A few things you can do in preparation are:

  • making sure your pets are well exercised before company arrives (walk your dog or play with your cat for at least 30 minutes) as any pent up energy could be released on un-expecting house guests.
  • Be sure not to allow any access to cooked bones to your pets, for example turkey bones and ham bones, as these are frail and may splinter easily.
  • Give your dog something to do while you sit down for dinner, mine enjoy getting a beef knuckle as they have to chew around all the crevices in order to get at the meat and marrow.
  • Feed the animals before dinner so they have full stomachs and may be less likely to beg at the table.

Great Thanksgiving Treats for your pets

  • Pureed sweet potato or pumpkin
  • Raw ham bone
  • Raw turkey neck and giblets
  • Thanksgiving themed canned food

Happy Thanksgiving Everyone!

Nupro All Natural Supplement for Dogs

 

I like to try new supplements, foods, toys and treats on my dogs to see how they like them and I’d like to share my experiences with you.

Nupro is a All-In-One supplement with natural ingredients to re-enforce supplementation with minerals, vitamins, enzymes and omega fatty acids. It contains Decciated Liver, Norwegian Kelp, Amino Acids and Enzymes, Yeast Cultures, Flaxseed, Lecithin, Garlic, Calcium Citrate and Lactobacillus Acidophilus. It looks like a brown powder and almost smells like gravy in the container. When added directly to the kibble or B.A.R.F. diet with water it mixes in smoothly and smells delicious. When trying to make just the gravy alone with water the kelp and heavier ingredients sink to the bottom making a kind of slush. I’ve tried it on both Vitzy (mixed in with her freeze-dried mix) and Tucker (In his kibble) and both of them polished off their bowls in minimum time. I used it for a two week period and stopped for a day to see what they would do… both stared into their dishes and looked back up to me as if to say “What am I supposed to do with this now?”. From the dogs it gets a Two-Paws up and is added to my regime of supplements.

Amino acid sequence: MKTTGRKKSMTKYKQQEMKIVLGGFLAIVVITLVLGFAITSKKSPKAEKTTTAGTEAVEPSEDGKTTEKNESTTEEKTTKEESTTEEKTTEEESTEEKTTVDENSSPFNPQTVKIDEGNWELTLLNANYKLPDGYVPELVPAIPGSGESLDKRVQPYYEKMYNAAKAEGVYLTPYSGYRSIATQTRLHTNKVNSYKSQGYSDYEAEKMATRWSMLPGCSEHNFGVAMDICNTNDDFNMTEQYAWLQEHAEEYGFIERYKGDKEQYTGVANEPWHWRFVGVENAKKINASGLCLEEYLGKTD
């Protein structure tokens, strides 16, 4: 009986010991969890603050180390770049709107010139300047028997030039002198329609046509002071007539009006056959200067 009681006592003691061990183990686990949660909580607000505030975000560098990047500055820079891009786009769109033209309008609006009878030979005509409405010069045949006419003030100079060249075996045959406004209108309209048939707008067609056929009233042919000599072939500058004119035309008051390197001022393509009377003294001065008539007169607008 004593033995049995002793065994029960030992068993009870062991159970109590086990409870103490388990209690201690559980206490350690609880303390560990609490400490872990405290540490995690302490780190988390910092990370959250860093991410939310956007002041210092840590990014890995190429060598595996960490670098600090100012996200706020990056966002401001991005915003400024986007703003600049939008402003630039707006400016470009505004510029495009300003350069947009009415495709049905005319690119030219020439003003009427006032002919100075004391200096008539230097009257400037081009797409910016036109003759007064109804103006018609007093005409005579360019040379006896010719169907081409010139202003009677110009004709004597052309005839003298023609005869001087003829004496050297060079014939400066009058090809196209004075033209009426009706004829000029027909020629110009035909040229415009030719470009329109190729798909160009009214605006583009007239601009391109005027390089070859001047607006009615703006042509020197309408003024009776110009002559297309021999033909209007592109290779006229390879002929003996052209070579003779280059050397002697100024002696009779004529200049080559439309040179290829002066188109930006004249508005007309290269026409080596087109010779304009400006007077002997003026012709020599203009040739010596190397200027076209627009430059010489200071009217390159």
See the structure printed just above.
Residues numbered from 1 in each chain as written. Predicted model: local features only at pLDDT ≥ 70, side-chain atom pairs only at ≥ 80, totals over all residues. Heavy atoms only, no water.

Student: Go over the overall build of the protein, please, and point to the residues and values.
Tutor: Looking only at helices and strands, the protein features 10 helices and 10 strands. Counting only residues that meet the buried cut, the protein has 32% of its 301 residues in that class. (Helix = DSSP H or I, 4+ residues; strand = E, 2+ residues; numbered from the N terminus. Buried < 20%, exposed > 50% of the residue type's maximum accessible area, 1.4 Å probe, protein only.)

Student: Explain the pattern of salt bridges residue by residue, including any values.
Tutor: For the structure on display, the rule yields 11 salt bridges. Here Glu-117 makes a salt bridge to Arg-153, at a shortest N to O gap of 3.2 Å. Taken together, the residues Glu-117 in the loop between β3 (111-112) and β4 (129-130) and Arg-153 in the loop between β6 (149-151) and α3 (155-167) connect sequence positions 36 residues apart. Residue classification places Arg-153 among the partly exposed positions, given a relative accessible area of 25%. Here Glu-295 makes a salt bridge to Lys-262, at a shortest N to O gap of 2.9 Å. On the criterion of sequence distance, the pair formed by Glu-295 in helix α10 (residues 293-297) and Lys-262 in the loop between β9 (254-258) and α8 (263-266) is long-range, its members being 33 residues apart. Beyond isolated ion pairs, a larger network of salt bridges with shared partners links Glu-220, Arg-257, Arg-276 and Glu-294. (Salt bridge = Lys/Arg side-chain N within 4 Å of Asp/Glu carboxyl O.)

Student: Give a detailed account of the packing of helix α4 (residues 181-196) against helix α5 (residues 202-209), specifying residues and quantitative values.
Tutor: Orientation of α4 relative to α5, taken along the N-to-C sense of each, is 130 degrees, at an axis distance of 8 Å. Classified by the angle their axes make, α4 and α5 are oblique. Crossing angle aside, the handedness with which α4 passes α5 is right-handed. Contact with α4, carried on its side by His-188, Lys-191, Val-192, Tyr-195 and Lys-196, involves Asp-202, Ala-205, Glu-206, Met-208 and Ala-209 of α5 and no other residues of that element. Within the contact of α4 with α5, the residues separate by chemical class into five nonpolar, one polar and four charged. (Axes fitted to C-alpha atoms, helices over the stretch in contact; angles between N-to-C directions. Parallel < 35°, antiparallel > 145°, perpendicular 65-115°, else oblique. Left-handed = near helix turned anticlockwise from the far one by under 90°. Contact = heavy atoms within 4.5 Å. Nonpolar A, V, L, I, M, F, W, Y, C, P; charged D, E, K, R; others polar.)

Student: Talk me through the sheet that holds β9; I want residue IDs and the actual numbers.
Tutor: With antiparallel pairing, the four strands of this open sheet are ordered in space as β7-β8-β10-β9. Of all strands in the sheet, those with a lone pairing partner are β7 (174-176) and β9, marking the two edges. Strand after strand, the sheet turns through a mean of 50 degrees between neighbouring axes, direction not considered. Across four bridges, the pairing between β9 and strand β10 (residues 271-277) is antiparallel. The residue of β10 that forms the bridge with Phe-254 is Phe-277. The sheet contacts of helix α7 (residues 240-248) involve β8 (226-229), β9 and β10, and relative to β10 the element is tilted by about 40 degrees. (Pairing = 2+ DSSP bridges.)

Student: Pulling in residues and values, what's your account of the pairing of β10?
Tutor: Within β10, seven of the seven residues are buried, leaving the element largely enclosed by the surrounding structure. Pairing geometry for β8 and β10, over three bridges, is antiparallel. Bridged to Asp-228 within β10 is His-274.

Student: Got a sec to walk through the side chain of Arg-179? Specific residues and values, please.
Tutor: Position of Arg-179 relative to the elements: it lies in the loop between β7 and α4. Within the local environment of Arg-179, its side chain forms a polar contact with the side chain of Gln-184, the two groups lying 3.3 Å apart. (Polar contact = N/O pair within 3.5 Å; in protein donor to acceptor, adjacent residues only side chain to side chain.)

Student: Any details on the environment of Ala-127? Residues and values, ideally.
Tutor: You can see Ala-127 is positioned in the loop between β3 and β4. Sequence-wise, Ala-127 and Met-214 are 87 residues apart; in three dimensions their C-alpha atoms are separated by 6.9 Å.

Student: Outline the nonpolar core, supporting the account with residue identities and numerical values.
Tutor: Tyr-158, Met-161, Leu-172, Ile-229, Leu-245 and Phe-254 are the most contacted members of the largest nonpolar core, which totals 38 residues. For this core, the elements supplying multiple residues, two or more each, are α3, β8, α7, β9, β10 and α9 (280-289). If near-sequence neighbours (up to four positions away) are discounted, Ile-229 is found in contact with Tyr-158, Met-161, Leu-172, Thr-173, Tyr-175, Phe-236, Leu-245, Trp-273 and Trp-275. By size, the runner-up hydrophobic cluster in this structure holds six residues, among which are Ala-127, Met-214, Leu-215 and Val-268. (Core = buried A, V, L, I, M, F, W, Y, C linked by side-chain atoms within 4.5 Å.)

Benefits of Nupro
– Complete Multivitamin/ Mineral supplement which can be added to any diet (kibble, Raw, dehydrated raw, freeze dried, home made, and any variation thereof)
– Promotes hair growth and stops itchy dry skin
– Steadies nerves (as proper nutrient absorption allows for better flow of nutrient absorption)
– Norwegian Kelp contains vitamins such as A, B1, B2, C and E which helps with bone and muscle growth. And also contains Iodine for proper glandular function and metabolism.
– Bee Pollen contains vitamins, minerals, amino acids and enzymes. Is known to support the immune system and supports allergy protection.
– Yeast Culture contains proteins, Zinc and Biotin. Which is beneficial to the skin and coat, helping with dry itchy skin, hot spots and excessive shedding.
– Flaxseed contains Omega 3 fatty acids which help with the skin and coat
– Lecithin which contains choline which supports nerve, brain and liver function.
– Garlic contains Allicin and anti-microbial source is used to support the immune system.
– Lactobacillus Acidophilus is a probiotic allowing for gut friendly bacteria and a healthy digestive system.
– Calcium Citrate supports healthy bones, teeth and nerve function

Ways to use Nupro
– As a delicious food topper (gravy)
– Add water to the mix and freeze in ice cube trays for a quick nutritious treat
– Add Nupro to home made biscuits for dogs, for an added plus of vitamins and minerals

 

Website

NUPRO Supplements

 

For Extra Thought

Have you tried NUPRO Supplements? What are your thoughts on it?

Elk Antler Chews

antler-large-group

Elk Antlers are probably best known by their durability against strong chewers. They are all-natural, a novel protein source and a good treat for dental care.

Elk antlers are naturally shed by elk in the spring, and are cut down or halved for distribution to dogs. They are a great long-lasting chew as they do not splinter, chip or easily break. The marrow (or the inside) of the antler is what the dogs crave. For dogs who have not yet had an elk antler, starting with an antler with the marrow exposed and maybe a little bit of peanut butter on top is enough to get almost any dog onto this wonderful chew. For those seasoned dogs who know what they’re after, a fully enclosed antler will last much longer.

Being naturally-shed, antlers are less processed then almost any other treats, with no fillers, additives, dyes or preservatives and are also odour-free. They also contain beneficial sources of calcium, phosphorus, potassium, sodium, magnesium, iron, zinc and manganese. They are helpful when cleaning teeth as the surface abrasion of the antler to teeth will help remove plaque and tartar.